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    I found batches helped me keep organized and avoid some of the stupid mistakes that invariably happen when you are sending a bunch of emails back to back. (This is assuming even you copy/paste the query letter, sample pages, short synopsis if requested from a document set up to easily grab those things from.) Not every agent asks for the same things at the query stage. Some only want the query - no sample, no synopsis. Some want query + 5 pages, query + 10 pages. A handful want a larger sample (essentially a partial) and a synopsis attached. Some take queries via a form instead of email.

    Even if your query is really good, trying to hit every agent at once, making sure you have all the right things included or attached, that you've got every agent's name right, correct email, etc is taxing. I took a day every couple of weeks and sent out a batch of about ten letters. In between I would go through and review the info I had on the remaining agents and figure out who I wanted to query in the next batch. It just made sense to take a little time with it to avoid making silly mistakes (which I would have made if I'd tried to do them all at once). I'll also point out my list was over 200 agents, but my genre criteria was fairly broad due to the nature of the particular novel I was querying. So it took me about 8-9 months to get through most of it. (During which I had requests and eventually an offer, but you don't stop just because someone's looking at the MS.)

    Best of luck!
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  10. #10
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    Some excellent answers there, many thanks folks. Food for thought!

    (bed time for me. so nite to all)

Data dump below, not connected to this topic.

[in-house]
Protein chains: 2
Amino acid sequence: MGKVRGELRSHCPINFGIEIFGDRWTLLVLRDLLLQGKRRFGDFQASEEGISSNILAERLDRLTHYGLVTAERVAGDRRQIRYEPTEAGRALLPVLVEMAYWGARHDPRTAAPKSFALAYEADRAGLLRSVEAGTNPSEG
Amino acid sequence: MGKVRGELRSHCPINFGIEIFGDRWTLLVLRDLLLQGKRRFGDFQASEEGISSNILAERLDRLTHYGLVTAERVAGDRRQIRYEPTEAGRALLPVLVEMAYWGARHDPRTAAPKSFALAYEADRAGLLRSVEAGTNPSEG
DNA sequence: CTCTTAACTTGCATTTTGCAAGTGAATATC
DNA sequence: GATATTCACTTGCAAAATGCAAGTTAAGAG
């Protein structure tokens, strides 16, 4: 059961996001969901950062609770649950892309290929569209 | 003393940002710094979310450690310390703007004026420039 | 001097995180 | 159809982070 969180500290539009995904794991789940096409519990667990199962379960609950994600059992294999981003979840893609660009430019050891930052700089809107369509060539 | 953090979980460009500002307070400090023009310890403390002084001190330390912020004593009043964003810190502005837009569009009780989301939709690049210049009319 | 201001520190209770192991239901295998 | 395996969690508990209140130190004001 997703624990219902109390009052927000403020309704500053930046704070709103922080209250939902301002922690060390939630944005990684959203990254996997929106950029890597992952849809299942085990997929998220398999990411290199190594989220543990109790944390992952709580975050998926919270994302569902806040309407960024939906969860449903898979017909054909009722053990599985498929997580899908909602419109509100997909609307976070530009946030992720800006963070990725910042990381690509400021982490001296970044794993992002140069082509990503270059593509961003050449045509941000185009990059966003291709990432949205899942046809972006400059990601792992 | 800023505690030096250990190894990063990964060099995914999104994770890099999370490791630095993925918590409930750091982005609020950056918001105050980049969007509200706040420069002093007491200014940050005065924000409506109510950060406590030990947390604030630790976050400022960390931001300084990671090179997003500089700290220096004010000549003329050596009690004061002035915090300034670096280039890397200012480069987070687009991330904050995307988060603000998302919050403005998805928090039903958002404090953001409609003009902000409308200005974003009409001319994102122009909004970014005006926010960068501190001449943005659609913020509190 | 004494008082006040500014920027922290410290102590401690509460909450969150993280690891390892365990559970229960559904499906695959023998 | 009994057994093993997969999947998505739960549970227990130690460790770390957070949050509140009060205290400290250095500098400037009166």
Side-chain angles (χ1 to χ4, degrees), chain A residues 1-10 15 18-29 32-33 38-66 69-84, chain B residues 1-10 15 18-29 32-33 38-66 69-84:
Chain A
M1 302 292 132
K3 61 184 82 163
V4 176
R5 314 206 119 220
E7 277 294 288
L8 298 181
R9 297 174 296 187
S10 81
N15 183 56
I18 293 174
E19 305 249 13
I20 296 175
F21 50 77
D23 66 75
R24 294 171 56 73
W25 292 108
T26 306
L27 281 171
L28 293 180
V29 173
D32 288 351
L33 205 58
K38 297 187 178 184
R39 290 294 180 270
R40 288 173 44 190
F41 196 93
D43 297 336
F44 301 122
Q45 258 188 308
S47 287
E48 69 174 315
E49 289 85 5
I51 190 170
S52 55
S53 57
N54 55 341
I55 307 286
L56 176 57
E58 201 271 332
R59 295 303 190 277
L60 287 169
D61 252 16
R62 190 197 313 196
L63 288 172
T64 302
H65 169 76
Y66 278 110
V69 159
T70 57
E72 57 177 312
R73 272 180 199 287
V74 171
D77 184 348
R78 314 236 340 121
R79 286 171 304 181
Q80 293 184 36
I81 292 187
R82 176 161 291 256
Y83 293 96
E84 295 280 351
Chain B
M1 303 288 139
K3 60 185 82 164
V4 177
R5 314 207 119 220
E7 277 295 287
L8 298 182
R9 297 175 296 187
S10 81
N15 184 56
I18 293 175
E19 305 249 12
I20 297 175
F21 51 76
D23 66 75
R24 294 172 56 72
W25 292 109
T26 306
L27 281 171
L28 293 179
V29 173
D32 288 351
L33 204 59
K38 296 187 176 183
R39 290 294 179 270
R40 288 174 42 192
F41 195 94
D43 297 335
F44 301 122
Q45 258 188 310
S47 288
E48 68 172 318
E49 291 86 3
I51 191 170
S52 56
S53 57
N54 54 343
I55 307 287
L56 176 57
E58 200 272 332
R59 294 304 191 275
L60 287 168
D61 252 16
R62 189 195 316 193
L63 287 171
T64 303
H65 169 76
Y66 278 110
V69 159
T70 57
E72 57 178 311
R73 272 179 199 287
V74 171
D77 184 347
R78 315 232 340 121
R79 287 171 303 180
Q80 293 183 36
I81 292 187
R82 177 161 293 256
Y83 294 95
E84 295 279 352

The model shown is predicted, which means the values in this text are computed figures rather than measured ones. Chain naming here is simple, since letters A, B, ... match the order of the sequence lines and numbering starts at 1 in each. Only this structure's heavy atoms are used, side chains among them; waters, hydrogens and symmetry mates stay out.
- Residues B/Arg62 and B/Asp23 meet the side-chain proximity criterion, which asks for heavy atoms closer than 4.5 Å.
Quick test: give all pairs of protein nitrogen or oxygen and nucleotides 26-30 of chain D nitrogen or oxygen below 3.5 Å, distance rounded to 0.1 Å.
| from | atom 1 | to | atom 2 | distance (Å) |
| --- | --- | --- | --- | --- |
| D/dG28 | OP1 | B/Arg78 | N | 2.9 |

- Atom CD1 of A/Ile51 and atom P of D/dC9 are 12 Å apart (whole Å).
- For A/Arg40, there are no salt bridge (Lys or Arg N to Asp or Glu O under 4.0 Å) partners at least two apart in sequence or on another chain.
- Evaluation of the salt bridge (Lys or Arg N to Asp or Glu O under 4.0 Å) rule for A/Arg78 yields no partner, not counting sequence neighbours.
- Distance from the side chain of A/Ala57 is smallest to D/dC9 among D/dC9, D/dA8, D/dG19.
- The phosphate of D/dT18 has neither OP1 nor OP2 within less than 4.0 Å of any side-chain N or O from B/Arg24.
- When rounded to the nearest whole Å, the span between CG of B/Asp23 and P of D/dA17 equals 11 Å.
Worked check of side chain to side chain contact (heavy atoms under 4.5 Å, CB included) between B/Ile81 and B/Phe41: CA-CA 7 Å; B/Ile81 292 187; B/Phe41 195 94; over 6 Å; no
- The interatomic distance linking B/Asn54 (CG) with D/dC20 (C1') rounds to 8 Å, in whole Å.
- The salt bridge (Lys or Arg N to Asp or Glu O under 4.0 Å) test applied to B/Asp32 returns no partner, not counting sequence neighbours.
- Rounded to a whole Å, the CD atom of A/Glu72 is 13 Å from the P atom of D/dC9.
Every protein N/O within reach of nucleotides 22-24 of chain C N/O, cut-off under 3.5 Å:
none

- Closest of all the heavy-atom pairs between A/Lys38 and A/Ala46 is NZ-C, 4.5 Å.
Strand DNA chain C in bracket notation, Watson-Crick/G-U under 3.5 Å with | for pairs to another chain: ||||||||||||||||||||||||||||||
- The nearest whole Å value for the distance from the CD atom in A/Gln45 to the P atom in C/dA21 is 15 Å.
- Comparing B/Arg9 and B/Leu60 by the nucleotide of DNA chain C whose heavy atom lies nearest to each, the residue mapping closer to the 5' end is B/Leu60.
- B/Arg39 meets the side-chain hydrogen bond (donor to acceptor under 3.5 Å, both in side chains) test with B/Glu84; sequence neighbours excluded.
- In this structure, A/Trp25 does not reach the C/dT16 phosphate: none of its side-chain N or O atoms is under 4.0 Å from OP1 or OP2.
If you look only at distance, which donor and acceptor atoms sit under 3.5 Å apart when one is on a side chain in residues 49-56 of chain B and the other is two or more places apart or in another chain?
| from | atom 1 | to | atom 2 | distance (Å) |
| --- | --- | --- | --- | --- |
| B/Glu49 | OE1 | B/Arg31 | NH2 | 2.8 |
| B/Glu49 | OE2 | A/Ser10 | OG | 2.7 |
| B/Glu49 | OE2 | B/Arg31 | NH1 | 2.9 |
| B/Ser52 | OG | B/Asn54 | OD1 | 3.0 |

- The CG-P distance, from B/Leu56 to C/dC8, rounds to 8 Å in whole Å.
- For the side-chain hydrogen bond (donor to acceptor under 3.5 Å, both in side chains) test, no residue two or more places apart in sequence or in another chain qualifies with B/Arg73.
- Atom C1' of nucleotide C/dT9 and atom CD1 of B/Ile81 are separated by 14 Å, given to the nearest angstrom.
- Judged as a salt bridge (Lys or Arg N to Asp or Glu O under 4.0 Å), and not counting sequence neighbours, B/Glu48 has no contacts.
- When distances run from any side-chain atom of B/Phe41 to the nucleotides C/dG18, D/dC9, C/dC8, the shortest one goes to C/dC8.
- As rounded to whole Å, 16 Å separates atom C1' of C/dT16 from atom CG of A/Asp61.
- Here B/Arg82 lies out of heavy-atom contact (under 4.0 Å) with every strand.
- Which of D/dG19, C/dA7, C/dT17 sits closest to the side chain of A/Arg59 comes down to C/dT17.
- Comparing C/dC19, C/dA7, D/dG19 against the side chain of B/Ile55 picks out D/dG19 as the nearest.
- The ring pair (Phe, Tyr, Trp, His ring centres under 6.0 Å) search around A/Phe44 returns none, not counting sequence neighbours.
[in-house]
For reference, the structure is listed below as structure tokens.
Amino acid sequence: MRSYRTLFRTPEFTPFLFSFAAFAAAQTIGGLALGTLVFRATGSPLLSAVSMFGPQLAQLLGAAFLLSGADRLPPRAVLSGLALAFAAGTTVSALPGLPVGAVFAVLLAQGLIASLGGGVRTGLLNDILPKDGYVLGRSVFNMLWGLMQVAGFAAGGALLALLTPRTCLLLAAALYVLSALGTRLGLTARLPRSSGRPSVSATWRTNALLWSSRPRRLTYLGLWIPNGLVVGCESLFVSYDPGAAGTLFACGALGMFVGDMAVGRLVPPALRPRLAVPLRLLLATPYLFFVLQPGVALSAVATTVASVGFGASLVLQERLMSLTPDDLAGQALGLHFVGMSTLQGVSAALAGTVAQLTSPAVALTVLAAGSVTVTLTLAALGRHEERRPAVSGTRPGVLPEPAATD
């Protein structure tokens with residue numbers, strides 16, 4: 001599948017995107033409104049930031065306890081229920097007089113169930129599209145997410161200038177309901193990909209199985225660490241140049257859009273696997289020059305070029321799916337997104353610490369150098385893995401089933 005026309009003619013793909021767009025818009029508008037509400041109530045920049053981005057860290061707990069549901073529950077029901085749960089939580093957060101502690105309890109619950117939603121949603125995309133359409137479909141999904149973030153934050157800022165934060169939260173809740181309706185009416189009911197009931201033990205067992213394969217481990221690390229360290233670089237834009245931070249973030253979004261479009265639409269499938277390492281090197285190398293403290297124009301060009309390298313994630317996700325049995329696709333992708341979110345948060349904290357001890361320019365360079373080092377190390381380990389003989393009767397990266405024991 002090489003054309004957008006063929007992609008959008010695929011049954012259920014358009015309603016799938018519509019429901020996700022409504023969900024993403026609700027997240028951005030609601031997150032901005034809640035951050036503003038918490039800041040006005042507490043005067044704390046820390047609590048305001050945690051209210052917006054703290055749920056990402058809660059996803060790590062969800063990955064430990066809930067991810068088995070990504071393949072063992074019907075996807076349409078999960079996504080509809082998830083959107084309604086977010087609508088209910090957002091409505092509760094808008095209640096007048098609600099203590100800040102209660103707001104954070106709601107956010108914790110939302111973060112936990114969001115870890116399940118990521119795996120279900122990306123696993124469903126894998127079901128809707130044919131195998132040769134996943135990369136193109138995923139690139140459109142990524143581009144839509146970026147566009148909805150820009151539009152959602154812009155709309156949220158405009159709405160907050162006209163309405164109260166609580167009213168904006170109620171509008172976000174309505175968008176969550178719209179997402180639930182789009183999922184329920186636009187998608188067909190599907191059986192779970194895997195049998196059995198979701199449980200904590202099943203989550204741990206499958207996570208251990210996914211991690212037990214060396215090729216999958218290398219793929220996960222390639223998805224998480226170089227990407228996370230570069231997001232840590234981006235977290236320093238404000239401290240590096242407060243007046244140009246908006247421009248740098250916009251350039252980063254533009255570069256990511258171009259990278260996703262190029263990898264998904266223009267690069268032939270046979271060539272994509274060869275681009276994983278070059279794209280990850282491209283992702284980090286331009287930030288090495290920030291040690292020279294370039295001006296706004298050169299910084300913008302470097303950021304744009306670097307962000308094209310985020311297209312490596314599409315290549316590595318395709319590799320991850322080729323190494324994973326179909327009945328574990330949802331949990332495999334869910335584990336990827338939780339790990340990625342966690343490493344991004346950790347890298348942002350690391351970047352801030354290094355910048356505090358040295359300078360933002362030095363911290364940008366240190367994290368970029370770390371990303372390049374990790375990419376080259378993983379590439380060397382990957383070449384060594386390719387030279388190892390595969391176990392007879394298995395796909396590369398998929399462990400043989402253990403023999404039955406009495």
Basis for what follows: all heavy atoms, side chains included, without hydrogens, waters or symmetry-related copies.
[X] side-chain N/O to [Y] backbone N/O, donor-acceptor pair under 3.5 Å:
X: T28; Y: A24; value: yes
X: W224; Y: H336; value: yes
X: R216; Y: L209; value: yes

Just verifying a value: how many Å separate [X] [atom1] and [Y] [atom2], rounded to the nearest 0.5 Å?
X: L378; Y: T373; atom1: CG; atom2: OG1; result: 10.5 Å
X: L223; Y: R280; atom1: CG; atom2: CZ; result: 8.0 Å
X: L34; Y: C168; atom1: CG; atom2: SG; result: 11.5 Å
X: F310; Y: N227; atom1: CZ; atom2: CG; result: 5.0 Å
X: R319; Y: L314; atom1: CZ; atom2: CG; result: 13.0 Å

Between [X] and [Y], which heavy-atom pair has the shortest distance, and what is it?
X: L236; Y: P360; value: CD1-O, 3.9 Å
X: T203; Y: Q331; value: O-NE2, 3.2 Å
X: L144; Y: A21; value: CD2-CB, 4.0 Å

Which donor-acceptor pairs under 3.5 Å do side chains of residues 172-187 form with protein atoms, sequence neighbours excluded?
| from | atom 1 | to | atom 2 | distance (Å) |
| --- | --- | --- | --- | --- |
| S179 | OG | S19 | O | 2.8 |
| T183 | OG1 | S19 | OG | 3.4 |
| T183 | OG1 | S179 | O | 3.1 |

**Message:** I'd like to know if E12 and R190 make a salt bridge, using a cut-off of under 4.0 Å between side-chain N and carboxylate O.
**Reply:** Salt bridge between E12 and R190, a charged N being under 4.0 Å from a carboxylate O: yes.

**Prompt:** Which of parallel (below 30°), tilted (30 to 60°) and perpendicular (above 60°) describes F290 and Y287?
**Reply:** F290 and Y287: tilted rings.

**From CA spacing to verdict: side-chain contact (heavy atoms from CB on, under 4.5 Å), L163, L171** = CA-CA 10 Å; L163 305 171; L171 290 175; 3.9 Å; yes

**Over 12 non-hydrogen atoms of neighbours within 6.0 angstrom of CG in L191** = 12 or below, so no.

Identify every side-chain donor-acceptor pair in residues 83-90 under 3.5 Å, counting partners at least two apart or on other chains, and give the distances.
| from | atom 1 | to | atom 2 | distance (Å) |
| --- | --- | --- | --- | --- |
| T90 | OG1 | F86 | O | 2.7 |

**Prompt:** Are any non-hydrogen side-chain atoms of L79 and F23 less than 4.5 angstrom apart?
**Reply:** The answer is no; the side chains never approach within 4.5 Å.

11. #11
    Now with bonus eyelashes AW Moderator Sage's Avatar
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    I've had books with excellent queries, but something about the book was not getting acceptances. A lot of fulls don't get feedback but some do, and for some early books with great queries and opening pages, I'd get excited by the request rate and paper the town...only to get enough requests for similar changes to the book that I could have done revisions. The only problem is that who would I query after that?
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  12. #12
    practical experience, FTW Antipode91's Avatar
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    I mean, how would you even send out 50 queries in time for the first 10 not to give you substantial information, anyway.

    Meaning, not only does it take time to find an agency that's right for you, you have to read through the agents to see which represents you. You then have to CAREFULLY read their guidelines, to make sure you do them correctly. You then have to paste into the email, make sure it's all formatted correctly. That's just ONE agent.

    I could be wrong, but the quest feels kind of moot, anyway. You're going to know your letters' effectiveness well before sending query #50.